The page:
Toward ensemble methods: A primer with Random Forest

The Kaggle-Higgs competition has attracted my attention very much lately. In this particular challenge, the goal is to generate a predictive model out of a bunch of data taken from distinct LHC’s detectors. The numbers are the following: 250000 properly labeled instances, 30 real-valued features (containing missing values), and two classes, namely background {b} and signal {s}. Also, the site provides a test set consisting of 550000 unlabeled instances. There are nearly 1300 participants while I am writing this post, and a lot of distinct methods are put to the test to win the challenge. Very interestingly, ensemble methods are all in the head of the leaderboard, and the surprise is XGBoost, a gradient boosting method that makes use of binary trees. 

After checking the computational horsepower of the XGBoost algorithm by myself, I decided to take a closer look at ensemble methods. To start with, I implemented a Random Forest, an algorithm that consists of many independent binary trees generated by means of bagging data samples. The idea is dead simple: generate many small trees (with low predictive value, referred to as “weak classifiers”) using distinct data samples taken from the original data set (using what it is called “replacement”: when generating the data subset we take, randomly, instances from the original data set, allowing repeated ones on it). After the training of the n-trees, the final prediction is made by combining all the votes of the weak classifiers (the forest). This way, theoretically, the algorithm reduces bias and variance (wow!). There are a bunch of commercial devices that use Random Forest as a base algorithm, and the most famous is, probably, Microsoft Kinect.

Being a very competitive technique, the trick lies in the way Random Forest generates the trees: making use of Hunt et al. algorithm, at each stage, and recursively, we select the best feature (in the literature these are called “predictors”) and perform a split, growing the tree. For selecting the best feature and partition we have to use some measure of impurity. I used the information gain (i.e., how much information we gain by performing the actual split in comparison to the base case--that is, no split). Random Forest tweaks this search by not allowing the use of all the features, but a subset of these (typically the square root of the number of features), and picking them at random. This way, the Random tree avoids picking always the same (and strongest) features, therefore decorrelating the trees. Also, Random Forest can be used for feature selection, using the aforementioned split procedure.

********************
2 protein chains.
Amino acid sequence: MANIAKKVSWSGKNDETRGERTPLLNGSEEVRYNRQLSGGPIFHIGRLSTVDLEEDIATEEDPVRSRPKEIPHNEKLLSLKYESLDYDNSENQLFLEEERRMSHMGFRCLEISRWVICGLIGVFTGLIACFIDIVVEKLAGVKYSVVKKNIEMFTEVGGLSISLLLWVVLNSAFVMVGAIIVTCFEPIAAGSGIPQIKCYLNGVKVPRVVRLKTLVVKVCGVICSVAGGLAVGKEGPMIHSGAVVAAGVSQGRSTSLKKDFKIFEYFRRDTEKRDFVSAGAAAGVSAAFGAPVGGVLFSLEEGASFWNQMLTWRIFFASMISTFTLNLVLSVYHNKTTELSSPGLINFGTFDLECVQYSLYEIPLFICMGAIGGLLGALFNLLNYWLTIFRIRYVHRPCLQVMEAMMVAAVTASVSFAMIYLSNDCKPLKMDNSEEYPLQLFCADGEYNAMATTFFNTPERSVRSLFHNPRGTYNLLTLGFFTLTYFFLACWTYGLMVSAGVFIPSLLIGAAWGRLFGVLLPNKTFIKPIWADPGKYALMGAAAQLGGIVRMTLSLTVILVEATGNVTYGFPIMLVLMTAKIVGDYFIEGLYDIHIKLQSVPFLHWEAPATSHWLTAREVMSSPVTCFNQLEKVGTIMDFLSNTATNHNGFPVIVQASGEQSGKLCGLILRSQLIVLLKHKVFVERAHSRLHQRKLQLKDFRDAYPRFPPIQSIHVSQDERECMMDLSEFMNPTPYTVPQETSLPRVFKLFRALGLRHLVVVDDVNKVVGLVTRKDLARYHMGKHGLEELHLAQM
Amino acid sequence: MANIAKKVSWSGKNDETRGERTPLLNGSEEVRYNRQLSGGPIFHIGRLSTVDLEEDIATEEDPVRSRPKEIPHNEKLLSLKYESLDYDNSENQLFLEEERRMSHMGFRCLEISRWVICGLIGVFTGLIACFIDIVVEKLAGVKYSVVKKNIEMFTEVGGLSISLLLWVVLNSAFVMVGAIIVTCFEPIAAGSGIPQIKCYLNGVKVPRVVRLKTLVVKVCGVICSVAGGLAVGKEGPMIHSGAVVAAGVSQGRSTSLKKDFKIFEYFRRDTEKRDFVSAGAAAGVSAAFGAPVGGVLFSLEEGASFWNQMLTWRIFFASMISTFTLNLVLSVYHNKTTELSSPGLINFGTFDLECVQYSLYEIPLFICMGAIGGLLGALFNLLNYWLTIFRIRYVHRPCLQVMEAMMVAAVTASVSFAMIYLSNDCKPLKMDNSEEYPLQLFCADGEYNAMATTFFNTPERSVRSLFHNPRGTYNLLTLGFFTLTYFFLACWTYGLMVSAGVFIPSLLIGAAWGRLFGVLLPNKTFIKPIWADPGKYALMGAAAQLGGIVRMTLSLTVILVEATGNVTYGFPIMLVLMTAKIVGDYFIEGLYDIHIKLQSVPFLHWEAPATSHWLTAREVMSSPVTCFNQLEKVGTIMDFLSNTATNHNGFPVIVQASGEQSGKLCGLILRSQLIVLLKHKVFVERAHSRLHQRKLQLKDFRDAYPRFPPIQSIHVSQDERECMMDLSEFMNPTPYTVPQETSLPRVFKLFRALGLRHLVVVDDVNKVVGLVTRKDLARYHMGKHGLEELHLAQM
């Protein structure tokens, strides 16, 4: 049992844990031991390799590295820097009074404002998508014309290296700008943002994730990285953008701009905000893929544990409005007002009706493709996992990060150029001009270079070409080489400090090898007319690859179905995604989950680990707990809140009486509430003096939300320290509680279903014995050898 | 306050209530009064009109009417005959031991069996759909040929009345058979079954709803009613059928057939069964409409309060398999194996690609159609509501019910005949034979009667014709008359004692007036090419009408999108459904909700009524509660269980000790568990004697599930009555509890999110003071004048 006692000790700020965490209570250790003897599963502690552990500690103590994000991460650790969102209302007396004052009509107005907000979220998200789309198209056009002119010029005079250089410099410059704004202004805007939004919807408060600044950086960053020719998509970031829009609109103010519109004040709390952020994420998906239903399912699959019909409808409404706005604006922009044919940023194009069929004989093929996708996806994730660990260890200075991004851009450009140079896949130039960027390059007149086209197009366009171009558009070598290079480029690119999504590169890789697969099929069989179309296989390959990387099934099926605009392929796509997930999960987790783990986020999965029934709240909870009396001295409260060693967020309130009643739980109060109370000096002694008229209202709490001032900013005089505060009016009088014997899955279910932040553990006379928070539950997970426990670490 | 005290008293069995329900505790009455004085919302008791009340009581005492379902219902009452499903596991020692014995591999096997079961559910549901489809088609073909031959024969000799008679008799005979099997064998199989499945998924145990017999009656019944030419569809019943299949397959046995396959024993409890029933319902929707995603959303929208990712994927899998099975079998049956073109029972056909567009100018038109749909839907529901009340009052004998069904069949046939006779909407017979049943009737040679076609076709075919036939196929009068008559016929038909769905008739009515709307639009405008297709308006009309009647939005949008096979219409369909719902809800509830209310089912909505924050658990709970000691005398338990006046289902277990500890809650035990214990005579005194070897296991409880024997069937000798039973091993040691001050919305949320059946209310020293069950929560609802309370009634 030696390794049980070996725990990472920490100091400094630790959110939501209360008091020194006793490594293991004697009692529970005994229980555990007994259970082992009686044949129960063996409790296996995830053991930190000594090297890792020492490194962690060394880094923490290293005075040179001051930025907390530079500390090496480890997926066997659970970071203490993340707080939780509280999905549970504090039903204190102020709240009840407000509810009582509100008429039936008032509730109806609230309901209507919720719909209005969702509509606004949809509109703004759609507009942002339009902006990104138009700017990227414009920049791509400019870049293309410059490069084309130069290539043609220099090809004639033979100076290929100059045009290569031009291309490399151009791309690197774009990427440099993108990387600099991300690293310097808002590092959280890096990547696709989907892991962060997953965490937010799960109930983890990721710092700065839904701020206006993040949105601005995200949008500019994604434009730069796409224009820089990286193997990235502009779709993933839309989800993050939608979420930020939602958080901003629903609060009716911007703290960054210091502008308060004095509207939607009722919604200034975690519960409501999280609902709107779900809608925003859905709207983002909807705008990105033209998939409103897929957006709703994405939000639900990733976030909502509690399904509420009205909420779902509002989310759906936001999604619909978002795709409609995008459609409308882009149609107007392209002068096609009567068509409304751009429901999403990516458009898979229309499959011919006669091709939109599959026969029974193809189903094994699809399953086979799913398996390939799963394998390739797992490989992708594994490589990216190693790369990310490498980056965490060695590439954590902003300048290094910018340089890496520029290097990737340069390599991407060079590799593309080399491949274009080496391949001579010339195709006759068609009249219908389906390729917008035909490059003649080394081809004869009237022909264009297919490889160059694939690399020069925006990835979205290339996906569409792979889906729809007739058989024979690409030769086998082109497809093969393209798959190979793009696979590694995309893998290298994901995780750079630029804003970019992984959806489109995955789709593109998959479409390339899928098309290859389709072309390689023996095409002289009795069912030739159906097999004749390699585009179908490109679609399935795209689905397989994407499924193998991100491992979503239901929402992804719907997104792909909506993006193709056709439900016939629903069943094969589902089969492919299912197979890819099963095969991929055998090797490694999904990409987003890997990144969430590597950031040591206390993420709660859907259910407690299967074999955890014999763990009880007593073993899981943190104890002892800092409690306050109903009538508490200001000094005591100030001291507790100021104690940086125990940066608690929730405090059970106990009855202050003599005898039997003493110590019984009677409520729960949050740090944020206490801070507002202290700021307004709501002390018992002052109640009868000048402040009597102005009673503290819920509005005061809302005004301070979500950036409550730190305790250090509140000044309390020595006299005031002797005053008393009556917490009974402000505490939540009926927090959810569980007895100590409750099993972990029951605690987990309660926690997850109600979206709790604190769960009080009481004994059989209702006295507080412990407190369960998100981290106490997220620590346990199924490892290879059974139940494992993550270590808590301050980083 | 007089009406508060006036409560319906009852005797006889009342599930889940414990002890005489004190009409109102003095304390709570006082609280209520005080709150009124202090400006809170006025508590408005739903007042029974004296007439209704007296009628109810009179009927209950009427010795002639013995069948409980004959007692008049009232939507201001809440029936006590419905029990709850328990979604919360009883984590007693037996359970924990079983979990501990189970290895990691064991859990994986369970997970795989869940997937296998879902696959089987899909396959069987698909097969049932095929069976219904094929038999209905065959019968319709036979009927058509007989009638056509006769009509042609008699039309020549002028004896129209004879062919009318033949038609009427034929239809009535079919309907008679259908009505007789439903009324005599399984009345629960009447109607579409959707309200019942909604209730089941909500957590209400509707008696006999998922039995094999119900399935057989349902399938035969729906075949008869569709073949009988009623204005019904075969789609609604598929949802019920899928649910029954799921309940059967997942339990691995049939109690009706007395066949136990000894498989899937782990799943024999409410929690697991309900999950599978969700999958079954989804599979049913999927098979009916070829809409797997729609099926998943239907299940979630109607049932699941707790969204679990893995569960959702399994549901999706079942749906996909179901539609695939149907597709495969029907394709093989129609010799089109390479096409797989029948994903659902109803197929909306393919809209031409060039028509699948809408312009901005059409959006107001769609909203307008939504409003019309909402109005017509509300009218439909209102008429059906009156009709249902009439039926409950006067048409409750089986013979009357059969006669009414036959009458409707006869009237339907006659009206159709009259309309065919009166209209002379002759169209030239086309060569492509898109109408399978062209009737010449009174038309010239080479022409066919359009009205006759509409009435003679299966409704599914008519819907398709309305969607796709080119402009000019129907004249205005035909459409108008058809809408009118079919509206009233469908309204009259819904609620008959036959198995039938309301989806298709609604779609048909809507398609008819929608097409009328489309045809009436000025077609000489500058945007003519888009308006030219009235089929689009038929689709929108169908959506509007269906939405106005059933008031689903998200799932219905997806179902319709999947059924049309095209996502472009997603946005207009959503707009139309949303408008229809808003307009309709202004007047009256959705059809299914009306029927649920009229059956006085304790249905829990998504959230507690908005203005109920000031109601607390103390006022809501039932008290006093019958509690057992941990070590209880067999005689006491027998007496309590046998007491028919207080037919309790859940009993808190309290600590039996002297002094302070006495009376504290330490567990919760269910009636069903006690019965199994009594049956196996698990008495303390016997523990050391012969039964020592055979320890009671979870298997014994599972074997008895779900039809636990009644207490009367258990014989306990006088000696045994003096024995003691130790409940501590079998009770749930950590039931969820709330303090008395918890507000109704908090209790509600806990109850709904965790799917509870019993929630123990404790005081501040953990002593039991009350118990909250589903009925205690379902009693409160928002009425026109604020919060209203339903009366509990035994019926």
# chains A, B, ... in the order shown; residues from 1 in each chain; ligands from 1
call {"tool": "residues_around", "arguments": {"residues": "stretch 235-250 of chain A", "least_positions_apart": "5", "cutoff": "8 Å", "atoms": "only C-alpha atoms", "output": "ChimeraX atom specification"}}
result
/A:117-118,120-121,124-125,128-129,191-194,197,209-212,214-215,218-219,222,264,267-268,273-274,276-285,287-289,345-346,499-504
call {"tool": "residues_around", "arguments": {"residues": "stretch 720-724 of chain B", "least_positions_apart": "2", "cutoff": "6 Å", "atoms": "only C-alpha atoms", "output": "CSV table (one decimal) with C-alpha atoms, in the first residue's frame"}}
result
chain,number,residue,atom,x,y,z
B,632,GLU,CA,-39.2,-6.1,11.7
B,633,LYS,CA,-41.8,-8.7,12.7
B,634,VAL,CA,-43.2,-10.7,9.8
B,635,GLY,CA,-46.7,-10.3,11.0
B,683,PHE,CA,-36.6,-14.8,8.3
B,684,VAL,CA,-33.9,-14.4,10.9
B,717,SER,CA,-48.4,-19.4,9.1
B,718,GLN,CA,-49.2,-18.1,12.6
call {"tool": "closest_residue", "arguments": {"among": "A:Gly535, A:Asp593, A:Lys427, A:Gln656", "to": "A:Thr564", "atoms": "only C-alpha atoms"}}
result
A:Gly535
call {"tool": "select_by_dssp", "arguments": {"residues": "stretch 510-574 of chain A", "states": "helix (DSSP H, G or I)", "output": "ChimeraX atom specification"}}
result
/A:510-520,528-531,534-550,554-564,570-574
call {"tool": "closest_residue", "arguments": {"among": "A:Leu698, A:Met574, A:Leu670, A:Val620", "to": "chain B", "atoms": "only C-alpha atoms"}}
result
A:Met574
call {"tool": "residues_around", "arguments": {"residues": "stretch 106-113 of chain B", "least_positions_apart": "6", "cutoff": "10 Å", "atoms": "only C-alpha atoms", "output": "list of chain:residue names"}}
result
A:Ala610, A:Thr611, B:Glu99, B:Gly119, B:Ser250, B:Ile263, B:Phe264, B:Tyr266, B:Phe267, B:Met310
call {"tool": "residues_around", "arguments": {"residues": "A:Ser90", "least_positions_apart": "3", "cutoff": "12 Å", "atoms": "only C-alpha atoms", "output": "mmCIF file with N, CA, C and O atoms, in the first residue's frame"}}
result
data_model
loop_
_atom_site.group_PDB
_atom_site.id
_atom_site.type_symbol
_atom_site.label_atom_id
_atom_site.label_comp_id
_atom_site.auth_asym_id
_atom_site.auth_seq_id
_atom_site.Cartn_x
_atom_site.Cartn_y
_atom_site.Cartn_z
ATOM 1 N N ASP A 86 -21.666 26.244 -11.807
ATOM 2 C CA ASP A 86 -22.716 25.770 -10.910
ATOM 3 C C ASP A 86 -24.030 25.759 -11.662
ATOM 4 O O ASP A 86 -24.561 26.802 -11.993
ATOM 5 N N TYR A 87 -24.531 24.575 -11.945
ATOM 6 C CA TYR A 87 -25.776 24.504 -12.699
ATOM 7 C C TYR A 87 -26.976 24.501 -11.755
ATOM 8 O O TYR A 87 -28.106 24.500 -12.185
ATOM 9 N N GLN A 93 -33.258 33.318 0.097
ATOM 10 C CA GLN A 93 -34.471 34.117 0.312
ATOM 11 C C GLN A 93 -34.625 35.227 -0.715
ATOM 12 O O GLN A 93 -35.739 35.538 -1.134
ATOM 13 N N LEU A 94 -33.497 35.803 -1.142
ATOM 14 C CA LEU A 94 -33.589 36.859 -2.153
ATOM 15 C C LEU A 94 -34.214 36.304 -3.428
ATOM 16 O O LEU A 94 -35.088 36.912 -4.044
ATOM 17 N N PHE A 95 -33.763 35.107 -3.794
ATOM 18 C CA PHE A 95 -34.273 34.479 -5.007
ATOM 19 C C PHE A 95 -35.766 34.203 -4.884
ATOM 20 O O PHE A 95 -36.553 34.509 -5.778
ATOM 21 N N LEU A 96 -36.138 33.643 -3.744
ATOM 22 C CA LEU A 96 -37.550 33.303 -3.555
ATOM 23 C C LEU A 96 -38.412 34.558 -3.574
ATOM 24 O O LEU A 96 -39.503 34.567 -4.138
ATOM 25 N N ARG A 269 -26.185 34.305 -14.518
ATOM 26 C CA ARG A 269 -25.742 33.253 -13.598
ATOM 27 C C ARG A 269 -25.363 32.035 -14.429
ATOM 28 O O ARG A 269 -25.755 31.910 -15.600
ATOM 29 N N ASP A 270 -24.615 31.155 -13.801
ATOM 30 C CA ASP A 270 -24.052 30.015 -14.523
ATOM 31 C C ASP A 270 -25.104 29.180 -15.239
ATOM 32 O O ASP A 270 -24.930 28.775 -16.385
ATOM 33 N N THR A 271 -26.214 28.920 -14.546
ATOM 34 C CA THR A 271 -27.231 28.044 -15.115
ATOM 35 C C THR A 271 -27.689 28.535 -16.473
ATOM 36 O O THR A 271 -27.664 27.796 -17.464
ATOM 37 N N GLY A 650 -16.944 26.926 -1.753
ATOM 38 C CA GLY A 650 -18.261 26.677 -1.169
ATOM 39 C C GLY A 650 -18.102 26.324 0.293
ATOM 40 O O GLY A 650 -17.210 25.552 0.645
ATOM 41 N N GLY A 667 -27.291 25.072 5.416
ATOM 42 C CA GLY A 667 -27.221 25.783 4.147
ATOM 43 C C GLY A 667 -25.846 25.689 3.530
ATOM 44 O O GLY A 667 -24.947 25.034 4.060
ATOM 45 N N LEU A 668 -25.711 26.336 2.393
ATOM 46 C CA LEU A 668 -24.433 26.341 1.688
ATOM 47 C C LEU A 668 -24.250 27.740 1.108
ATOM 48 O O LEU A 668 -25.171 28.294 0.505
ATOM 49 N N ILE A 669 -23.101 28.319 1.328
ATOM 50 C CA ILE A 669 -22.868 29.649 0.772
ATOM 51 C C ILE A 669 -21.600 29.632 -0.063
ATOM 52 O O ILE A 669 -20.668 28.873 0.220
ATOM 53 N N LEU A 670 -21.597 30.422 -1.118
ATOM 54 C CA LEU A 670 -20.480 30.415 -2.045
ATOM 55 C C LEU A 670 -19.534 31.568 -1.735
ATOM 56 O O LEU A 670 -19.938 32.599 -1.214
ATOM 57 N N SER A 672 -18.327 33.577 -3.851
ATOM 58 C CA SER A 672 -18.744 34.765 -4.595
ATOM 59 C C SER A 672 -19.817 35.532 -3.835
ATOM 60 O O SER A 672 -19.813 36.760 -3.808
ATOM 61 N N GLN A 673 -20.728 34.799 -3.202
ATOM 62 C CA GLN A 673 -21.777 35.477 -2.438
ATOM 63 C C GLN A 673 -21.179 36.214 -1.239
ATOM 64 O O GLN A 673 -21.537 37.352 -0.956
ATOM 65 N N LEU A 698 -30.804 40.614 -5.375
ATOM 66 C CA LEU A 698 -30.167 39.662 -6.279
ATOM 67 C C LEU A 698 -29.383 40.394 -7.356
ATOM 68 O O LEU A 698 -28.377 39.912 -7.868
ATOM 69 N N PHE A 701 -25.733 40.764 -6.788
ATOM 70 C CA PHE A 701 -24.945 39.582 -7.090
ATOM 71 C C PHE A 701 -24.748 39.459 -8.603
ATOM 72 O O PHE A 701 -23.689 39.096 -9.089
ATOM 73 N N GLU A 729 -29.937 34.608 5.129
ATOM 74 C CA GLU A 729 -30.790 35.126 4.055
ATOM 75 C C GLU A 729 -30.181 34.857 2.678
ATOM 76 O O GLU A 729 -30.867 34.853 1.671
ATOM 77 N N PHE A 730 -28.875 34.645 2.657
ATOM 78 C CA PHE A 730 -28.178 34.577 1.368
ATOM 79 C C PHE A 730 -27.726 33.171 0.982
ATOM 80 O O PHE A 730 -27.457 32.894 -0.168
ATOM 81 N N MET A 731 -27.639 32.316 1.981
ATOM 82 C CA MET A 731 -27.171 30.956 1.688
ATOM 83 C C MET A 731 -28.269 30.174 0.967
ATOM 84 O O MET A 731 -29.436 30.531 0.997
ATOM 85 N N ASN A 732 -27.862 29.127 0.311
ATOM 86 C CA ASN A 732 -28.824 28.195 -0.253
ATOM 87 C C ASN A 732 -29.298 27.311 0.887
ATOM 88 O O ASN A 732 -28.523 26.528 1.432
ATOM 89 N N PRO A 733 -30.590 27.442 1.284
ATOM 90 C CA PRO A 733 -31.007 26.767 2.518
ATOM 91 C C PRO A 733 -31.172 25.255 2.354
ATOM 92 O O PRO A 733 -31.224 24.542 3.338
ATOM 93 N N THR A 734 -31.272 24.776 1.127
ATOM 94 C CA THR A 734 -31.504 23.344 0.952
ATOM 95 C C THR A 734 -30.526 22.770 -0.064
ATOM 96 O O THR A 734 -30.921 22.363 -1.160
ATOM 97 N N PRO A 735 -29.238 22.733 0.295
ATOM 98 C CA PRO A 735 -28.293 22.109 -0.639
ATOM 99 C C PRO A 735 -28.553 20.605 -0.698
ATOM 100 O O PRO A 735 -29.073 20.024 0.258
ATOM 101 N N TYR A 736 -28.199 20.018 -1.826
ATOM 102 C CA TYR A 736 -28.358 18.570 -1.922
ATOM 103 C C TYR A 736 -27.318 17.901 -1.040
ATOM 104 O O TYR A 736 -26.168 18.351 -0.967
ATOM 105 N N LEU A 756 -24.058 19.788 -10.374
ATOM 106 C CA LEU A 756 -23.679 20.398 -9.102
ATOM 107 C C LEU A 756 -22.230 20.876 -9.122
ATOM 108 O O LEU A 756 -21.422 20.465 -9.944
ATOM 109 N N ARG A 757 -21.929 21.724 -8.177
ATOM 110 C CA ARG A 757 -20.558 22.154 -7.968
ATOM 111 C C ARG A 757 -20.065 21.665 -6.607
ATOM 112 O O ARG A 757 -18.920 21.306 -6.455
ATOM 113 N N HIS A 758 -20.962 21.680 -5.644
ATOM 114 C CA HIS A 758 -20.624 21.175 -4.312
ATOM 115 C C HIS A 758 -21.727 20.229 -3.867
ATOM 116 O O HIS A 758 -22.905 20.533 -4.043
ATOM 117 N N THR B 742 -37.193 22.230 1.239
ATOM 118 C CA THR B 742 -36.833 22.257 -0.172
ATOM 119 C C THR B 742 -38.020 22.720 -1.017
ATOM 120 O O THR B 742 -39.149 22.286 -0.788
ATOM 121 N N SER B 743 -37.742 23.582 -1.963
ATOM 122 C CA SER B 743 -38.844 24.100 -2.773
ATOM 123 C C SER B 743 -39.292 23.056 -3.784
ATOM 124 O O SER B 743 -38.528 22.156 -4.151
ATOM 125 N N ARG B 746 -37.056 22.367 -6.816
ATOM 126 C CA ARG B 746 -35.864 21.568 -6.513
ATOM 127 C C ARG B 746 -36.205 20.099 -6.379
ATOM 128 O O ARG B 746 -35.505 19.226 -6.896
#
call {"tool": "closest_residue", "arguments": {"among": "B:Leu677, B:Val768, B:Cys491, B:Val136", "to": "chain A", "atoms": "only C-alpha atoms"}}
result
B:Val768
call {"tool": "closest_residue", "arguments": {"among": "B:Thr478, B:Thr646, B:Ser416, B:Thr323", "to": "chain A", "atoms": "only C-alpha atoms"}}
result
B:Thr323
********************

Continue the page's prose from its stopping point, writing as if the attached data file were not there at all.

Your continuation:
As concluding remarks, and after the implementation and test of the algorithm, I can tell that Random Forest is FAST! It is surprising how fast it is when learning and how it manages to classify large-scale data in just a fraction of a second. Moreover, this technique is inherently parallel, so practitioners can obtain even more through put. Wow!

[1] G. James, D. Witten, T. Hastie and R. Tiibshirani, "An Introduction to Statistical Learning With Applications in R," ISSN 1431-875X. Springer, 2013.
[2] J. Shotton, A. Fitzgibbon, M. Cook, T. Sharp, M. Finocchio, R. Moore, A. Kipman, and A. Blake, "Real-Time Human Pose Recognition in Parts from a Single Depth Image," in CVPR, IEEE, June 2011.


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